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I took her in for a diaper change then brought her to mom for a late night meal, around 12:30AM. Meanwhile, while mom fed her, I finished preparing the overnight oats that I’d started while wearing the sleeping baby, then I worked on dishes, to include cleaning pump parts and bottles. I changed the laundry and got ready to receive the baby back from mom.  Baby fed for a little longer than she typically did, which is totally for the first feeding at the breast after a bottle feed. I went in a few times during this feeding session and could tell she was still feeding, but the final time I went in, the baby was so adorably milk drunk. We’re talking dribbles out of the corner of the mouth and cocked head and everything! 

The family liked swaddling the baby, so I swaddled her up real quick then placed her in the bassinet. Since I was at a stand-still with my other tasks (oats soaking, dishwasher running, clothes drying, baby good), I decided to take a rest! I had baby about a foot from my head and I set an alarm for 45 minutes to check on her, and I zonked out. Well, sweet baby just kept on sleeping. She was so content. I finally woke her up at around 4AM and got her ready for her next feeding (quick snuggle, diaper change, then over to mama!).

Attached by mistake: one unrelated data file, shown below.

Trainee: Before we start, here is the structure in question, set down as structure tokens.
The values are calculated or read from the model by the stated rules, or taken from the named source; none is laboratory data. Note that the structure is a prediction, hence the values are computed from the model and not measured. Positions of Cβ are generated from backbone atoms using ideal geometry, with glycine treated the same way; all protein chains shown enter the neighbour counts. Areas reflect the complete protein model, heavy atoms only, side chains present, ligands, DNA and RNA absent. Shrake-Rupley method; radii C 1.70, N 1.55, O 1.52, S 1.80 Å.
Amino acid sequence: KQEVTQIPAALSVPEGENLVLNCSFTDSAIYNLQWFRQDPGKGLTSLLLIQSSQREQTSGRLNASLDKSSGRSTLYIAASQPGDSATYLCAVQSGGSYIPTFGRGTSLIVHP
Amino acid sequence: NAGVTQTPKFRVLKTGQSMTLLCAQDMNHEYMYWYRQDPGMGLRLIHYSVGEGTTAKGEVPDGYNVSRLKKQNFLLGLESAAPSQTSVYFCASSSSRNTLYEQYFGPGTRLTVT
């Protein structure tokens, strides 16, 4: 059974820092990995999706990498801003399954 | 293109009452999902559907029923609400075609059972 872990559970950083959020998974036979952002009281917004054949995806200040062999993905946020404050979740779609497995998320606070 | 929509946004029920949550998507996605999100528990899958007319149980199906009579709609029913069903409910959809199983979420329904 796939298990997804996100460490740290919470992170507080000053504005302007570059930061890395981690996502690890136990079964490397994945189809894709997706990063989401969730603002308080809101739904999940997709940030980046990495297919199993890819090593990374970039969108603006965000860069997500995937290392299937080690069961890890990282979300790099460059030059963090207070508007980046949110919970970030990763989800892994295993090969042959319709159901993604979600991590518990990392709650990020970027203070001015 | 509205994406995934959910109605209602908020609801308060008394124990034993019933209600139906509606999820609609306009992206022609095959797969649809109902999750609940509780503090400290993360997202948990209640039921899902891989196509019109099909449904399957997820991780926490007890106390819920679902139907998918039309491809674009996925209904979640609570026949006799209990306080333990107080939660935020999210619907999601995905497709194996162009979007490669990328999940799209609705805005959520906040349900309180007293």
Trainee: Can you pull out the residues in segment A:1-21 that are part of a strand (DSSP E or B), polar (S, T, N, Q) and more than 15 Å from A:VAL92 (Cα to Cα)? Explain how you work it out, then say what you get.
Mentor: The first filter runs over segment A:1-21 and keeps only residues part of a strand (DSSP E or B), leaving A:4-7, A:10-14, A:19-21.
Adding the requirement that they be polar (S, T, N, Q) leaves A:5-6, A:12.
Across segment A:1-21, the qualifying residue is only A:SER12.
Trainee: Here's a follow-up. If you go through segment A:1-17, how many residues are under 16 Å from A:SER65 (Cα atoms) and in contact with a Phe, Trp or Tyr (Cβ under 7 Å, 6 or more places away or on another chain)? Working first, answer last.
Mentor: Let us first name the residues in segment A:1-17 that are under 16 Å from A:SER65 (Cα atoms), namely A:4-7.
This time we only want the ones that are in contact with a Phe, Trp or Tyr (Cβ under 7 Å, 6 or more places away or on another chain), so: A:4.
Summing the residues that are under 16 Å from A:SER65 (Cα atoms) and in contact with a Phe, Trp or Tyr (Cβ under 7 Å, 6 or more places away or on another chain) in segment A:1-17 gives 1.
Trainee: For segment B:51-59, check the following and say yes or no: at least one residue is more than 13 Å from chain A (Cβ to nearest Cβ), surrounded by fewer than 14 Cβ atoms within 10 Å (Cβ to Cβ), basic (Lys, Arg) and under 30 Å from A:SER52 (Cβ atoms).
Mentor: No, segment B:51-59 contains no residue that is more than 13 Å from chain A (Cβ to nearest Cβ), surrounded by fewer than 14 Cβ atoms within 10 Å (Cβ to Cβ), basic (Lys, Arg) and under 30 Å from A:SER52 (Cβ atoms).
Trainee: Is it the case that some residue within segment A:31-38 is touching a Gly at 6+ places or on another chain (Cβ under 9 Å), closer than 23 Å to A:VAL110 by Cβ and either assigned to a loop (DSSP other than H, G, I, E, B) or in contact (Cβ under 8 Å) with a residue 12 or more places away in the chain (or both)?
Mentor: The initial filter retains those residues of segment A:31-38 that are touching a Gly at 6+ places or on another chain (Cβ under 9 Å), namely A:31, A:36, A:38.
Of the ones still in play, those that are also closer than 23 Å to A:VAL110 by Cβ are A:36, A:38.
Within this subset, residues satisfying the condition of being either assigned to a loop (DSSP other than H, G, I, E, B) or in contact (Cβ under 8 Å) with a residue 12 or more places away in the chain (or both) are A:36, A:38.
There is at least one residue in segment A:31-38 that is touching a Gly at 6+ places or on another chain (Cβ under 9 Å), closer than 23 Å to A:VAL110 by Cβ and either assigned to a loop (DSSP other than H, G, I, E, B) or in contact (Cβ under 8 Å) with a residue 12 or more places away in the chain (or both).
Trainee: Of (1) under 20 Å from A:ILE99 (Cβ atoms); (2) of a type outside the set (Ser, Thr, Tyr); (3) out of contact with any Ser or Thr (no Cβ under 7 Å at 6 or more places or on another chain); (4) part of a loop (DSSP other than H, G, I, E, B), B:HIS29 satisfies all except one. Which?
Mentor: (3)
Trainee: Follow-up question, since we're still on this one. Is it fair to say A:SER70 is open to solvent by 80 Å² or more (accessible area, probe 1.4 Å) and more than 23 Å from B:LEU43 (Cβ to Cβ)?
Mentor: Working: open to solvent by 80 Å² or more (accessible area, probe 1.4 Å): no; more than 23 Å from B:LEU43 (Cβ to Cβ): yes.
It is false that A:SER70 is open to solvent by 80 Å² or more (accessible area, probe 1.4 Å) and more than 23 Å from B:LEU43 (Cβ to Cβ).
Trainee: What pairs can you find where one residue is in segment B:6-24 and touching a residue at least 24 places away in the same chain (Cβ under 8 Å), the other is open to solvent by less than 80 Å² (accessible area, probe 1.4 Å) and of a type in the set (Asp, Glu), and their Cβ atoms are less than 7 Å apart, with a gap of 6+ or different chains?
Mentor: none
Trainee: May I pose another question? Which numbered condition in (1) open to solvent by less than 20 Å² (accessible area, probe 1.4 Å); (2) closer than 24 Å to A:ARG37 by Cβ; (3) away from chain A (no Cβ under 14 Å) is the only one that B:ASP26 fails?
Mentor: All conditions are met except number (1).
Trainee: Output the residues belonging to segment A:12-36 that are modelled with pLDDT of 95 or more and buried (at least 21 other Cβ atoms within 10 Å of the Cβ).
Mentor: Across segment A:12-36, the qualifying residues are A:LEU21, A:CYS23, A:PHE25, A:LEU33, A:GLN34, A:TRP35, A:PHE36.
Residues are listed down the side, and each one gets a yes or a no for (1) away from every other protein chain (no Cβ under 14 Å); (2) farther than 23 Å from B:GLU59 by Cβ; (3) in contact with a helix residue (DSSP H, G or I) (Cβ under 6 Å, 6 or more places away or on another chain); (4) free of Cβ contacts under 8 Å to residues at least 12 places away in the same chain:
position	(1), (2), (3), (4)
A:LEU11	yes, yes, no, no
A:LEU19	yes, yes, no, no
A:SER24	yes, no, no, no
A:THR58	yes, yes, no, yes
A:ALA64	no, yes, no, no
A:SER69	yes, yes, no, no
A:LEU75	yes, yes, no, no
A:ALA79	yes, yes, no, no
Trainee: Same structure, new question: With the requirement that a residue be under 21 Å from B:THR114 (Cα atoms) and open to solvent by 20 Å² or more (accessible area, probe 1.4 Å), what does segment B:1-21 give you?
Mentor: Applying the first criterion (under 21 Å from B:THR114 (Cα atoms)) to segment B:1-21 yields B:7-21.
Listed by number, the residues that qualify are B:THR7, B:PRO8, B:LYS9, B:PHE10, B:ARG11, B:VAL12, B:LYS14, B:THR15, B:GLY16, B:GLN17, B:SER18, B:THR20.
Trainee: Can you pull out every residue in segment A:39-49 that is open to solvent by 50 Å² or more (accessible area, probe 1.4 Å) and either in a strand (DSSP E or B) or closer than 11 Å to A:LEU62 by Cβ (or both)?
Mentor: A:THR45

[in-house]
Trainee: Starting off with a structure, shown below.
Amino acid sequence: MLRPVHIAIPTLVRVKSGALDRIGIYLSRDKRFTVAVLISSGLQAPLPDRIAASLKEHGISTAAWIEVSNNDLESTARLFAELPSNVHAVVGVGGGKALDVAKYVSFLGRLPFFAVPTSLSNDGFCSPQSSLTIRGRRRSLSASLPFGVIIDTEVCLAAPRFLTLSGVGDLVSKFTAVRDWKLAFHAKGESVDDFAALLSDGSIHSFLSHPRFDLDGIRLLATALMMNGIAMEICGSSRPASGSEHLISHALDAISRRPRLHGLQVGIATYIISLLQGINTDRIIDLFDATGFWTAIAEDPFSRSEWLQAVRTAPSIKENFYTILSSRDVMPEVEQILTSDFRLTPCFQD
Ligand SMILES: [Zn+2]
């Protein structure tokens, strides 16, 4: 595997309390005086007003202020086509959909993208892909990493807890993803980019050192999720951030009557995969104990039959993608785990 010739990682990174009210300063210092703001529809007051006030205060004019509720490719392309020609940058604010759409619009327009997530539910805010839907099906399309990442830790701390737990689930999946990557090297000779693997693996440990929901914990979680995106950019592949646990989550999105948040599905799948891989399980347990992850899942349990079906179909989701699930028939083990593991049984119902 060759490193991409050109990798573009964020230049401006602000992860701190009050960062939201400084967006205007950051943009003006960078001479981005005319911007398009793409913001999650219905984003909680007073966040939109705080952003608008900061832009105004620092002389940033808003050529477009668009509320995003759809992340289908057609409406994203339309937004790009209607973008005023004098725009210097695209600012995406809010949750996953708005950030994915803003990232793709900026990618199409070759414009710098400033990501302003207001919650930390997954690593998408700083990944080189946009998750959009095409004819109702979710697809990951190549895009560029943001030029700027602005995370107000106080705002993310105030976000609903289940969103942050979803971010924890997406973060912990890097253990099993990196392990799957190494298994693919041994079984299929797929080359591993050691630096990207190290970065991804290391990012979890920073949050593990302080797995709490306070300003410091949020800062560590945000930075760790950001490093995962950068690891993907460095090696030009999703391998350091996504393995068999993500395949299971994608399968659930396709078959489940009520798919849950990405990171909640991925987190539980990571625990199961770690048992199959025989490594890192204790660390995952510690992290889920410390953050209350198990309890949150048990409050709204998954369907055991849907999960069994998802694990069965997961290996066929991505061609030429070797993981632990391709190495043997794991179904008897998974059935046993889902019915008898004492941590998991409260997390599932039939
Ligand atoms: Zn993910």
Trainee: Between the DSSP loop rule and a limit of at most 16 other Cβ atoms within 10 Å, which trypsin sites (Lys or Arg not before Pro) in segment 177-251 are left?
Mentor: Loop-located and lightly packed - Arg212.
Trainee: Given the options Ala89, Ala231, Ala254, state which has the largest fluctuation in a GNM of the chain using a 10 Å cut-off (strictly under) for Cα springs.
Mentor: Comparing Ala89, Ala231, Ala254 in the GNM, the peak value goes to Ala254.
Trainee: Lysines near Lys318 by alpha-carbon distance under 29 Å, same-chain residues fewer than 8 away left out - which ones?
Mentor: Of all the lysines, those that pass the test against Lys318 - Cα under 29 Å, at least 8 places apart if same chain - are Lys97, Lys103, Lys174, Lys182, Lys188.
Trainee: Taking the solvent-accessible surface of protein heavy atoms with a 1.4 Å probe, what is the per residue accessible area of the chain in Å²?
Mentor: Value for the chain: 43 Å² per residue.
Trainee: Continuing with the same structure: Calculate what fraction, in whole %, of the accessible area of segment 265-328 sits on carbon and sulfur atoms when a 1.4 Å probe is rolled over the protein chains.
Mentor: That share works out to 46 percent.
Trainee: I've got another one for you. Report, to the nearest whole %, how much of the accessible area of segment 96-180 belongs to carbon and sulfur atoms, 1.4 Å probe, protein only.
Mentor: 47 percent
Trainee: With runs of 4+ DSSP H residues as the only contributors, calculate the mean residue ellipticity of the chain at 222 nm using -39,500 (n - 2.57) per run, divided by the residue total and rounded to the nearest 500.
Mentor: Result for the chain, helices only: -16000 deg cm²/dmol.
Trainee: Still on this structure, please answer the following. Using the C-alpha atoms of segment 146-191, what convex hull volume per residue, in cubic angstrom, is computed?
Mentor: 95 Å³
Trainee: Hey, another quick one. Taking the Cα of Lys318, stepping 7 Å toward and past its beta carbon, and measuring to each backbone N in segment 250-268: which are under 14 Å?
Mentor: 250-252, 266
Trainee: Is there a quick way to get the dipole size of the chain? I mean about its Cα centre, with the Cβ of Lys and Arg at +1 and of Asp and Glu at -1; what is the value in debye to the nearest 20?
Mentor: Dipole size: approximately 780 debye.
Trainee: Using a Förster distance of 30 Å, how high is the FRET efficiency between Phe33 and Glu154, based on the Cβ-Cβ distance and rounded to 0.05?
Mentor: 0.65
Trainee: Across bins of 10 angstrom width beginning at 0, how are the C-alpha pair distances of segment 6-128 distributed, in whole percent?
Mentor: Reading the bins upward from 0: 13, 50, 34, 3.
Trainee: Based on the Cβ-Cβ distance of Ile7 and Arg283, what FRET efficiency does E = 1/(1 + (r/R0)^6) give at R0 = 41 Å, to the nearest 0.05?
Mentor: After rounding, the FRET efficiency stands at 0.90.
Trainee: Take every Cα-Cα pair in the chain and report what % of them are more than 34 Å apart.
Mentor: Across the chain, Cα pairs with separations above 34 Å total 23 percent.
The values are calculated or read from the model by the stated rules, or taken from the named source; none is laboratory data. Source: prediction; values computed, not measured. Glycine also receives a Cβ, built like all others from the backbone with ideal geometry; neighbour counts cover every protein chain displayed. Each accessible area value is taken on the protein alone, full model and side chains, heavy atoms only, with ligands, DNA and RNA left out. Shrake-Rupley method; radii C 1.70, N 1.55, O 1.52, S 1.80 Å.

My shift was due to end at 5AM, so I basically had the duration of the feeding to finish up what I started. I folded laundry, emptied the dish washer and finished tidying the kitchen. I reassembled pump parts and set everything up so that mom could just sit down and immediately start pumping. I left a few notes for mom (I keep track of feeding times, diapers, baby’s disposition, anything mom and I discussed during the night, any breakfast instruction, etc), talked with her for a bit, then snuck out the door just a couple of minutes after 5AM. I stood on the front porch for a minute just to make sure I didn’t forget anything, then I headed home with a smile. 

I’m even smiling as I type this right now!

I am so happy to be in a position where I can still be a good mother and wife all while also supporting families with new babies. We cannot do parenthood alone. We absolutely must work together. This is the prime example of a win-win. 

That’s my story of overnight support for one family. It’s a general outline, but it’ll likely be a different story for the next family I support. I’m just so grateful for the opportunity. 

Stay blessed, 


Kari Haravitch